Tolerating Chemotherapy

Several of the reports in the series discussing various tumor types note that while elderly cancer patients can often obtain the same benefits from chemotherapy as younger patients, they are often more susceptible to adverse effects. "In general maybe, yes, but this is not always the case," Dr. Lichtman noted, and there are instances where older patients tolerate chemotherapy better than younger ones. A case in point is nausea and vomiting, which older patients seem to have less problem with when compared with younger patients. "Whether it's neurological, or stoicism, or other issues that go on in life, it's not clear.... Maybe people reach a certain age and seem to not find such a problem with certain things," he said.

Emotionally there is a different perspective when you have cancer at 80 years old than when you are diagnosed at 40 years old, he pointed out. The cancer has come at a different point in the whole lifetime experience, and this influences how you react to the diagnosis and how you react with people, including those involved in your treatment, he commented. "The disease is fitting into their lives in a different way, and the way they manage these situations is different," he emphasized, "and it's not always worse."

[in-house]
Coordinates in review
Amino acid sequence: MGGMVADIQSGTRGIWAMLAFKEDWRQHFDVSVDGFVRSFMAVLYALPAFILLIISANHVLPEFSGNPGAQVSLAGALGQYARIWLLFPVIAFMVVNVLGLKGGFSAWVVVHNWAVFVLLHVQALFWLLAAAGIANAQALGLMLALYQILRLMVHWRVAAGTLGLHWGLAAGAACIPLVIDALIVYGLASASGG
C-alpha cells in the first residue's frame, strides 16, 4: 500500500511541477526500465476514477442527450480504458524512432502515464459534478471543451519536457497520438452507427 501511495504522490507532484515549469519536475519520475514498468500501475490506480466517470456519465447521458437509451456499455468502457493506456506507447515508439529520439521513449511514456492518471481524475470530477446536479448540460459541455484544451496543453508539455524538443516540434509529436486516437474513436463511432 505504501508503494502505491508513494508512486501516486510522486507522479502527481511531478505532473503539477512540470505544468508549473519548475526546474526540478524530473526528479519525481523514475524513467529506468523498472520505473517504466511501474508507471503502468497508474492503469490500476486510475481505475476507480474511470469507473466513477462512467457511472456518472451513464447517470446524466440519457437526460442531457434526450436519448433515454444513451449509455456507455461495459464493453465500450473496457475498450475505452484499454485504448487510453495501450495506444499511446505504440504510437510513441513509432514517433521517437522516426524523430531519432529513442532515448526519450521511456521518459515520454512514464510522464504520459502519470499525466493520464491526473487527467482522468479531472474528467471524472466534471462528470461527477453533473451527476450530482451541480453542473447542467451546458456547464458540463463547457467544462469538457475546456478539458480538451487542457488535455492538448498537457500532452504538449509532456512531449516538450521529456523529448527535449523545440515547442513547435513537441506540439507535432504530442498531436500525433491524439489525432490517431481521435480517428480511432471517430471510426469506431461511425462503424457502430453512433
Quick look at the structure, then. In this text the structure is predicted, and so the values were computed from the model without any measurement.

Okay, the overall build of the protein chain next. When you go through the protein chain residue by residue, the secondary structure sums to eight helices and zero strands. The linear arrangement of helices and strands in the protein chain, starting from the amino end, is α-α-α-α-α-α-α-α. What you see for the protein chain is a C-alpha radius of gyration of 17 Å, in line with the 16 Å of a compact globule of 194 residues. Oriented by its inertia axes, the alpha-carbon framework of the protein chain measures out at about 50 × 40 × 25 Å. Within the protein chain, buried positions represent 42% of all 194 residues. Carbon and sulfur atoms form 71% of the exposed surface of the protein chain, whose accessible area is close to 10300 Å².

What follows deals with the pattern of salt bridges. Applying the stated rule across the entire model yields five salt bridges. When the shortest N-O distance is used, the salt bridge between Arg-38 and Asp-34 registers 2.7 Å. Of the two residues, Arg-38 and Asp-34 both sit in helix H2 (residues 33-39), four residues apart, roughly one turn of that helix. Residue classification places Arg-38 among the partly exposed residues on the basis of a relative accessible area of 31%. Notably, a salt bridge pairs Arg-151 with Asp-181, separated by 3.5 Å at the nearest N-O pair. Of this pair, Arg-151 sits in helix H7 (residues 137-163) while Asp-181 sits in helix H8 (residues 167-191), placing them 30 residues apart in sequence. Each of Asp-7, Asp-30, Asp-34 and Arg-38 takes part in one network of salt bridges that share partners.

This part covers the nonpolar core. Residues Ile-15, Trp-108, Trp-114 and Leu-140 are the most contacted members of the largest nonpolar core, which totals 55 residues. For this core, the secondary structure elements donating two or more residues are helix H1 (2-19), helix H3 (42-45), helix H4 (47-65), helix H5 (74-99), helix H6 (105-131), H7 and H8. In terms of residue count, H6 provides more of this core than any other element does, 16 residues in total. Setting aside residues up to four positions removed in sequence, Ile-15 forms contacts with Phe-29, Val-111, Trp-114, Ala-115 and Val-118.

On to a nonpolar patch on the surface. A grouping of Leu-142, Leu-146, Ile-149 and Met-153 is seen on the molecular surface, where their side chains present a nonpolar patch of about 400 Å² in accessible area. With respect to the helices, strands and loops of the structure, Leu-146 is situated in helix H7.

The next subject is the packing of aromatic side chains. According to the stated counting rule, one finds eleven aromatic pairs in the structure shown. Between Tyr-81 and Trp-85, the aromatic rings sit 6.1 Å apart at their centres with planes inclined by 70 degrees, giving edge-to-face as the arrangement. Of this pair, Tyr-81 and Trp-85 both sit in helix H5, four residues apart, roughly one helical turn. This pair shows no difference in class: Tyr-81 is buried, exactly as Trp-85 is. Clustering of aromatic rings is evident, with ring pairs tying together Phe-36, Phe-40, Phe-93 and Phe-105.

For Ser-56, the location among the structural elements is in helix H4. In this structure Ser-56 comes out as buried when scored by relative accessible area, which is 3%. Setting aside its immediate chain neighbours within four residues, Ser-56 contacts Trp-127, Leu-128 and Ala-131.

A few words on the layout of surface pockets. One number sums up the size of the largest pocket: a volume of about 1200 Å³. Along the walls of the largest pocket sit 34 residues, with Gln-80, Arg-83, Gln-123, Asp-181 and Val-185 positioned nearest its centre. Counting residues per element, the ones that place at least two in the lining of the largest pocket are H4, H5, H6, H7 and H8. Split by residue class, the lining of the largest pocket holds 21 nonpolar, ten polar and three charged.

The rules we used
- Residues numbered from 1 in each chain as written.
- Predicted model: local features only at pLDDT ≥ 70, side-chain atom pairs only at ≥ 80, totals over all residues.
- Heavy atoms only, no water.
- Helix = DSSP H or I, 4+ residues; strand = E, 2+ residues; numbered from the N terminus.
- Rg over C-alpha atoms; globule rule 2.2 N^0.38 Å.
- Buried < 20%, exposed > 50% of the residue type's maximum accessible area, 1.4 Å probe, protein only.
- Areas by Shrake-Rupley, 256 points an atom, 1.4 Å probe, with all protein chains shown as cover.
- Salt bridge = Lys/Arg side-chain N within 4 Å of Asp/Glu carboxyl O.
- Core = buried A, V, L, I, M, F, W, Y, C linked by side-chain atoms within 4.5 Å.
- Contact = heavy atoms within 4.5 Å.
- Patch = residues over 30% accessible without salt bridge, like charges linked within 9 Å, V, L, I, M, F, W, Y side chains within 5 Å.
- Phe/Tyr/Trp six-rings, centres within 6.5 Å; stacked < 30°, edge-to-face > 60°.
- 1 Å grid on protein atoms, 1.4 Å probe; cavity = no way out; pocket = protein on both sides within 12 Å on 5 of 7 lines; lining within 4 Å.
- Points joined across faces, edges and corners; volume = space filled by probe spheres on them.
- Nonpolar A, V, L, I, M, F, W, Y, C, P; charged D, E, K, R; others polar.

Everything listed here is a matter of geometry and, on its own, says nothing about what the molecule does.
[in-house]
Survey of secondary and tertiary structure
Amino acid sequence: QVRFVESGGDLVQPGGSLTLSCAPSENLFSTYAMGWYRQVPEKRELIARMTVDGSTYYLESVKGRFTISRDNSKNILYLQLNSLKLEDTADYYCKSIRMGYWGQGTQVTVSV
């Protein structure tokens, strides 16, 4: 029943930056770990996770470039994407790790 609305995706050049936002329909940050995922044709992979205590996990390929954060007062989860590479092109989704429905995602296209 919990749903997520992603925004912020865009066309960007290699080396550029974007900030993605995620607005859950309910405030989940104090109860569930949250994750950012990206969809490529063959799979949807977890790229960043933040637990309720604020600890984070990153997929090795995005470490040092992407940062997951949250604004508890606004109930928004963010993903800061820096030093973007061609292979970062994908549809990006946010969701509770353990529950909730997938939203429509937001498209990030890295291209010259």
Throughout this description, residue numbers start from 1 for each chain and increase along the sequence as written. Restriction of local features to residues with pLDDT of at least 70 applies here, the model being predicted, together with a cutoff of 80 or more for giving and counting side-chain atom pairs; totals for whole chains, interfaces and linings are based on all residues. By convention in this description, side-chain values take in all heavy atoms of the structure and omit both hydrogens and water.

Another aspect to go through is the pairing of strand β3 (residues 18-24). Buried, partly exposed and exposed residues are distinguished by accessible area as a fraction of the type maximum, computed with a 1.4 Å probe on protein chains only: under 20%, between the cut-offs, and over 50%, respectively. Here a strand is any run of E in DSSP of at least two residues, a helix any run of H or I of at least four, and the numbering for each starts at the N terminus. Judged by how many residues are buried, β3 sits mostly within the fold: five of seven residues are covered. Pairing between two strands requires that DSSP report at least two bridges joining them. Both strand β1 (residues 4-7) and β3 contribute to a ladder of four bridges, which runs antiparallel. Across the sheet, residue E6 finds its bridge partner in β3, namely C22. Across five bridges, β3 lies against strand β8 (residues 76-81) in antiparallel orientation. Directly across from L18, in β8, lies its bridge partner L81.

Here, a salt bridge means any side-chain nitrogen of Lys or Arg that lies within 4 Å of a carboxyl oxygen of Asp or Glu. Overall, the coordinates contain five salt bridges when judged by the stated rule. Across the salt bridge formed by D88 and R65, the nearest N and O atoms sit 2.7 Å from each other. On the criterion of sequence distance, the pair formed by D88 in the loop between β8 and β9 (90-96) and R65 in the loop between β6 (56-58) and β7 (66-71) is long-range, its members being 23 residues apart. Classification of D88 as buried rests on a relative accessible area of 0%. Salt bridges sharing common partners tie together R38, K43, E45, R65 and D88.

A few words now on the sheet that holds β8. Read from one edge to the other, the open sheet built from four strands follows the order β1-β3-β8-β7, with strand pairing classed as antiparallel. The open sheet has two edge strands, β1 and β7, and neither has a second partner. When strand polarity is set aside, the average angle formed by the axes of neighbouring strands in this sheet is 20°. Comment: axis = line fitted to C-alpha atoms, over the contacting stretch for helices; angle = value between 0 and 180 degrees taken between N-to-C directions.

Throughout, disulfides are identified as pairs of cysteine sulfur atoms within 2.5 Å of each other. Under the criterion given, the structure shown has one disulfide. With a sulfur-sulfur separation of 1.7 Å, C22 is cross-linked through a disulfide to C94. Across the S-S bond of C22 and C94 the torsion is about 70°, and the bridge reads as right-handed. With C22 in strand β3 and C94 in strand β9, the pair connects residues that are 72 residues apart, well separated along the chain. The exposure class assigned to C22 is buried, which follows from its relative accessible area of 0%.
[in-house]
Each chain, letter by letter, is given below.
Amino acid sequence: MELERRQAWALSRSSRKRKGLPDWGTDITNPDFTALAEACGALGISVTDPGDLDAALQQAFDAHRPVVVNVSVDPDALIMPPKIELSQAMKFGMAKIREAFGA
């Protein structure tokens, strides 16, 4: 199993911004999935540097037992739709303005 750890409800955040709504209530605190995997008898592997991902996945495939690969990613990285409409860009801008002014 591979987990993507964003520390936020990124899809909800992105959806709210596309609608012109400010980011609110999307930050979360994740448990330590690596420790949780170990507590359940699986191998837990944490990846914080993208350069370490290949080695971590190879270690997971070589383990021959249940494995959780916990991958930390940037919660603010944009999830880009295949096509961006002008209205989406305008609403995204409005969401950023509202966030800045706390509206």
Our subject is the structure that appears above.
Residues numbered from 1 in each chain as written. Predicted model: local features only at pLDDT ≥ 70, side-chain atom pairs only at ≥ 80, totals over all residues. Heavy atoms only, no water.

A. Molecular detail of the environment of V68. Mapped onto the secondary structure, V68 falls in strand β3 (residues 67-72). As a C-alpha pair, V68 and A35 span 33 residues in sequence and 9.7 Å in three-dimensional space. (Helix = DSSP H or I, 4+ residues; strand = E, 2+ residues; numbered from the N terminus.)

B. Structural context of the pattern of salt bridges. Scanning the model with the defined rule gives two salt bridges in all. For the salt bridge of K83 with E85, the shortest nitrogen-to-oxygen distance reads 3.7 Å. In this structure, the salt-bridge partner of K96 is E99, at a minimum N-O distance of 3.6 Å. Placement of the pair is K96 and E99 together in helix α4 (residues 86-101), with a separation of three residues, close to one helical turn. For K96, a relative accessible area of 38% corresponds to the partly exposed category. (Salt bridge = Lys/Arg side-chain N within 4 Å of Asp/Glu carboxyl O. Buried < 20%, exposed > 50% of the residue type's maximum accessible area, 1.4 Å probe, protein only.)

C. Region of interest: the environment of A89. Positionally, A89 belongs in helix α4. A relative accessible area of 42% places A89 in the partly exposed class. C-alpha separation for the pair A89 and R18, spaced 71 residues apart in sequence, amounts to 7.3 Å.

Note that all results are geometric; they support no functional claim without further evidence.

This difference is emphasized in the report focused on cancer survivorship, which discusses the implications for an aging population of life after treatment. The authors, led by Julia Rowland, PhD, from the Office of Cancer Survivorship at the National Cancer Institute in Bethesda, Maryland, highlight "the tendency for older adults to frame the cancer experience differently from younger persons." They also note that "comparative studies suggest that older survivors manifest better psychosocial adaptation to cancer than younger survivors."